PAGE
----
A five-minute long video was posted to YouTube on April 2, three days after a flood of diluted bitumen surged from a broken tar sands pipeline. The video was taken by videojournalist Adam Randall sometime before the Federal Aviation Administration placed a No-Fly Zone over the neighborhood.
The extent of the spill is still unknown, but officials are saying thousands of barrels gushed from a 2-inch-wide, 22-foot-long gash. More than 22,000 barrels of oily water and 2,000 cubic yards of oiled debris have already been recovered.
"The pipeline rupture is substantially larger than many of us initially thought," Dustin McDaniel, Arkansas Attorney General, told reporters on Wednesday after he subpoenaed more than 12,500 pages of documents from Exxon related to the spill.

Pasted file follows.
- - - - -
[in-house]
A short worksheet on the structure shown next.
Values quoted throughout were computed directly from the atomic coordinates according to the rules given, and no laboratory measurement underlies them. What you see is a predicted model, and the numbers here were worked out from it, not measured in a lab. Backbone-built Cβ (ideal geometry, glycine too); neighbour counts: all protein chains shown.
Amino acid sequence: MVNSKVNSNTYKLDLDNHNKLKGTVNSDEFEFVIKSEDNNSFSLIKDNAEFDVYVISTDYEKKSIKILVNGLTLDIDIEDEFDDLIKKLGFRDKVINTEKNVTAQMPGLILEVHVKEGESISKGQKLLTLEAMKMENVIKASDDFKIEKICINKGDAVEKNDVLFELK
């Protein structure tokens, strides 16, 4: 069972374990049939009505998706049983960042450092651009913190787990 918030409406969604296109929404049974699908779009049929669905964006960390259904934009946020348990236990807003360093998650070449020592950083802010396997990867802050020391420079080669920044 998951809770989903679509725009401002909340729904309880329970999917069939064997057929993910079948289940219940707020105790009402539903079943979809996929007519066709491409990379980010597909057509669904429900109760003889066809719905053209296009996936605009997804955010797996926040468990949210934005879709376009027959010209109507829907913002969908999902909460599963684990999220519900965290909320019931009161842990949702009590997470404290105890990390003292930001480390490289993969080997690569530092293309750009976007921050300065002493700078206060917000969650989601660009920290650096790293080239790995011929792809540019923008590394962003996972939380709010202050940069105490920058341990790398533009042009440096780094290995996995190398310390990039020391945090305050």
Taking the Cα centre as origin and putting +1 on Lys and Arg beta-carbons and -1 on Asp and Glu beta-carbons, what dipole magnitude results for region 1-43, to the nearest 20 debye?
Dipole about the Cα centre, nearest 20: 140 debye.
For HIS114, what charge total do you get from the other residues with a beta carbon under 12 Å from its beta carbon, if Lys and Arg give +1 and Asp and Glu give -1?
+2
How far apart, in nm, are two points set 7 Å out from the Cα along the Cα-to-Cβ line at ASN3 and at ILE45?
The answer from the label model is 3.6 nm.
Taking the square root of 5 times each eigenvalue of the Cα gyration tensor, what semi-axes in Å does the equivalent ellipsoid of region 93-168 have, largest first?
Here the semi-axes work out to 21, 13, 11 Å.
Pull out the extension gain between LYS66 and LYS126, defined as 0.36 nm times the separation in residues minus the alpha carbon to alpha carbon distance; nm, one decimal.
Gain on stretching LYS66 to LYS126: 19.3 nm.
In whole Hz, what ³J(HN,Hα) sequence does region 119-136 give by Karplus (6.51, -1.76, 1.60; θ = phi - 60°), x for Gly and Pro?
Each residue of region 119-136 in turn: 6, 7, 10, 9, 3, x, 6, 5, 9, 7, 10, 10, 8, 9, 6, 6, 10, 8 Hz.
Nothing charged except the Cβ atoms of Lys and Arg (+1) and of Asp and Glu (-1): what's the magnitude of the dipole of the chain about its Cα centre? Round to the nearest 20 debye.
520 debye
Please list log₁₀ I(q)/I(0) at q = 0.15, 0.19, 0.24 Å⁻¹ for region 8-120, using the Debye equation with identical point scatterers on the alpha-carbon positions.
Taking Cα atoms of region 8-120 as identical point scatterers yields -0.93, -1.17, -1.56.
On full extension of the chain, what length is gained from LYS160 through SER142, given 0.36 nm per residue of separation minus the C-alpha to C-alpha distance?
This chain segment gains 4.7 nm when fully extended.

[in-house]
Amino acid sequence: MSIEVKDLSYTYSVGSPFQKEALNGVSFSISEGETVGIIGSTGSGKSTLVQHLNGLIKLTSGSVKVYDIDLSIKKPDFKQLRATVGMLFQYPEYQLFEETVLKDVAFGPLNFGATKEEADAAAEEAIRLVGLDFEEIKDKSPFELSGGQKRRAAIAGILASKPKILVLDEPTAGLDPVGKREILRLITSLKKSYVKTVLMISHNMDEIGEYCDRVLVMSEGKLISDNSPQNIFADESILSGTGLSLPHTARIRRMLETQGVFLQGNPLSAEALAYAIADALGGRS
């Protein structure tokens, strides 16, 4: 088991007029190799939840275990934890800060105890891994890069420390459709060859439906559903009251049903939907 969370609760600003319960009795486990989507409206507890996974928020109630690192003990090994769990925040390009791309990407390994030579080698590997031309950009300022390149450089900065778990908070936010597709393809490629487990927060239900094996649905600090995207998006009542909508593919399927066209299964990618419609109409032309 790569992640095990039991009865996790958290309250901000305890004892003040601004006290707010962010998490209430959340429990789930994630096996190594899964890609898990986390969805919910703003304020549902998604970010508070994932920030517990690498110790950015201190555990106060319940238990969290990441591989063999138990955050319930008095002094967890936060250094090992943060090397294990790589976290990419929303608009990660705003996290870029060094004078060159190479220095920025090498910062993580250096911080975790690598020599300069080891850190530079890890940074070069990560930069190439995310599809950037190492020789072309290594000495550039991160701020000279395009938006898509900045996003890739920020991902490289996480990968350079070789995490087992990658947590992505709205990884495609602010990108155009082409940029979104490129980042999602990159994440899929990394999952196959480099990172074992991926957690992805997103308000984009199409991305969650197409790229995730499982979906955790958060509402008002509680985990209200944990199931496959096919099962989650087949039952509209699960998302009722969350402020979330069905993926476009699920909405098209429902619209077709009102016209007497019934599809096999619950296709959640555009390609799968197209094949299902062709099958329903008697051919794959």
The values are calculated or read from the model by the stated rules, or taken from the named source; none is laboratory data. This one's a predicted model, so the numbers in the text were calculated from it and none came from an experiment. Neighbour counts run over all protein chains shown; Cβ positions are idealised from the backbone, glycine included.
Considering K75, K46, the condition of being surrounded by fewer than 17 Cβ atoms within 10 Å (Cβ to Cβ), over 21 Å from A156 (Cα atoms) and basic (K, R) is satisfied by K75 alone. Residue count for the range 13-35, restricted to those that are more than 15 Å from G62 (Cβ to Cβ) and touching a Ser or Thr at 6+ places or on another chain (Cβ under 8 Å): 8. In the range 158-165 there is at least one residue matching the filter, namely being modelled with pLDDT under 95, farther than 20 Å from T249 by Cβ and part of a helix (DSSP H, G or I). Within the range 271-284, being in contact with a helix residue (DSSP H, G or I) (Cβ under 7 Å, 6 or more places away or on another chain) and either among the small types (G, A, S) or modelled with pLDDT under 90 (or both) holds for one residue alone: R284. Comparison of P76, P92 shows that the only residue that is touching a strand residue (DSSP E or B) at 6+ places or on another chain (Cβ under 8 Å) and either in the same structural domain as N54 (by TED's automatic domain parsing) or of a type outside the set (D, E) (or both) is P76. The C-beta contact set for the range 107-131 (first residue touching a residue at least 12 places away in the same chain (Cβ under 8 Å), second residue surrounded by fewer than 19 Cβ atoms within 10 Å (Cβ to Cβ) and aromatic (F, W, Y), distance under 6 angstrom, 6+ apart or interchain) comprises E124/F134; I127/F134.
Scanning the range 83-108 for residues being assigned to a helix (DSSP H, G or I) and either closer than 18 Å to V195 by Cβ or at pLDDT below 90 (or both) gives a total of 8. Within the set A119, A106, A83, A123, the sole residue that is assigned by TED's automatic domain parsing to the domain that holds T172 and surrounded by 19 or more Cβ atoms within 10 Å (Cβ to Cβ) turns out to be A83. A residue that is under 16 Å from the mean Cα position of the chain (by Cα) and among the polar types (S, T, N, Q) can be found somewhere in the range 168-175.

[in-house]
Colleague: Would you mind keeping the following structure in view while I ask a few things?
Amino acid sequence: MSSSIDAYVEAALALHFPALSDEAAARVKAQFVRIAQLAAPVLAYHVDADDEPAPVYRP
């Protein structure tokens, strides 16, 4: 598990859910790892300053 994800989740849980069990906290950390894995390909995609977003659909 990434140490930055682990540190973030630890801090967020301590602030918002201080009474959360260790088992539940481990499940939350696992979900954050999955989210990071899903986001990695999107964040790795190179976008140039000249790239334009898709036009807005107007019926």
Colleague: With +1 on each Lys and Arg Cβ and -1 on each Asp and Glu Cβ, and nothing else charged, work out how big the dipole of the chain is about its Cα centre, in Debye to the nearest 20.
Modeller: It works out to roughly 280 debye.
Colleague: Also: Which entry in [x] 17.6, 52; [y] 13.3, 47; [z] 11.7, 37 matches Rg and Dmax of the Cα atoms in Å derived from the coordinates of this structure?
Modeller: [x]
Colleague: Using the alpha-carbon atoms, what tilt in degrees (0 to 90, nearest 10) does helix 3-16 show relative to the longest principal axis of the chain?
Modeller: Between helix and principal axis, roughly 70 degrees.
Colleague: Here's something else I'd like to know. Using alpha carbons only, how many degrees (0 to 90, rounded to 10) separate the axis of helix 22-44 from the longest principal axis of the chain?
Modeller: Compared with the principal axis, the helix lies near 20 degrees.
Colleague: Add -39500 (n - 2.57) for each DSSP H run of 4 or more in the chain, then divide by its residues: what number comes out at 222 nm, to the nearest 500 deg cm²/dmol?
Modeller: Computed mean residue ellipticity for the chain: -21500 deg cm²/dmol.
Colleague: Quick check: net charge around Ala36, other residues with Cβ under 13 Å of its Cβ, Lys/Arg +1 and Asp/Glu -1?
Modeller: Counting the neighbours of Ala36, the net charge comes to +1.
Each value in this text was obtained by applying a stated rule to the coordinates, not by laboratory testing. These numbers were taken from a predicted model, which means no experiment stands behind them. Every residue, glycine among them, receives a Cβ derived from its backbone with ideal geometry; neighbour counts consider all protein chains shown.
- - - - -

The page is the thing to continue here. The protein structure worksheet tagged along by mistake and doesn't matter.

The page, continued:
Reports have emerged that journalists have been barred from the site and threatened with arrest. A video posted to YouTube was also slammed by Rachel Maddow after activists with Tar Sands Blockade filmed what appear to be paper towels being used to clean up the spill.
Residents in the area have also started to file health complaints, reported HuffPost's Lynne Peeples.
In an odd turn of events, ExxonMobil was presented with a safety medal by the National Safety Council days after the spill.
"We hold this award in high esteem because it recognizes the deep commitment of our company and our people to a culture of safety," Exxon CEO Rex Tillerson said at the awards ceremony.
Some environmentalist groups including the Sierra Club and 350.org have asked President Obama to delay any decision on the Keystone XL pipeline pending further investigation into the spill.
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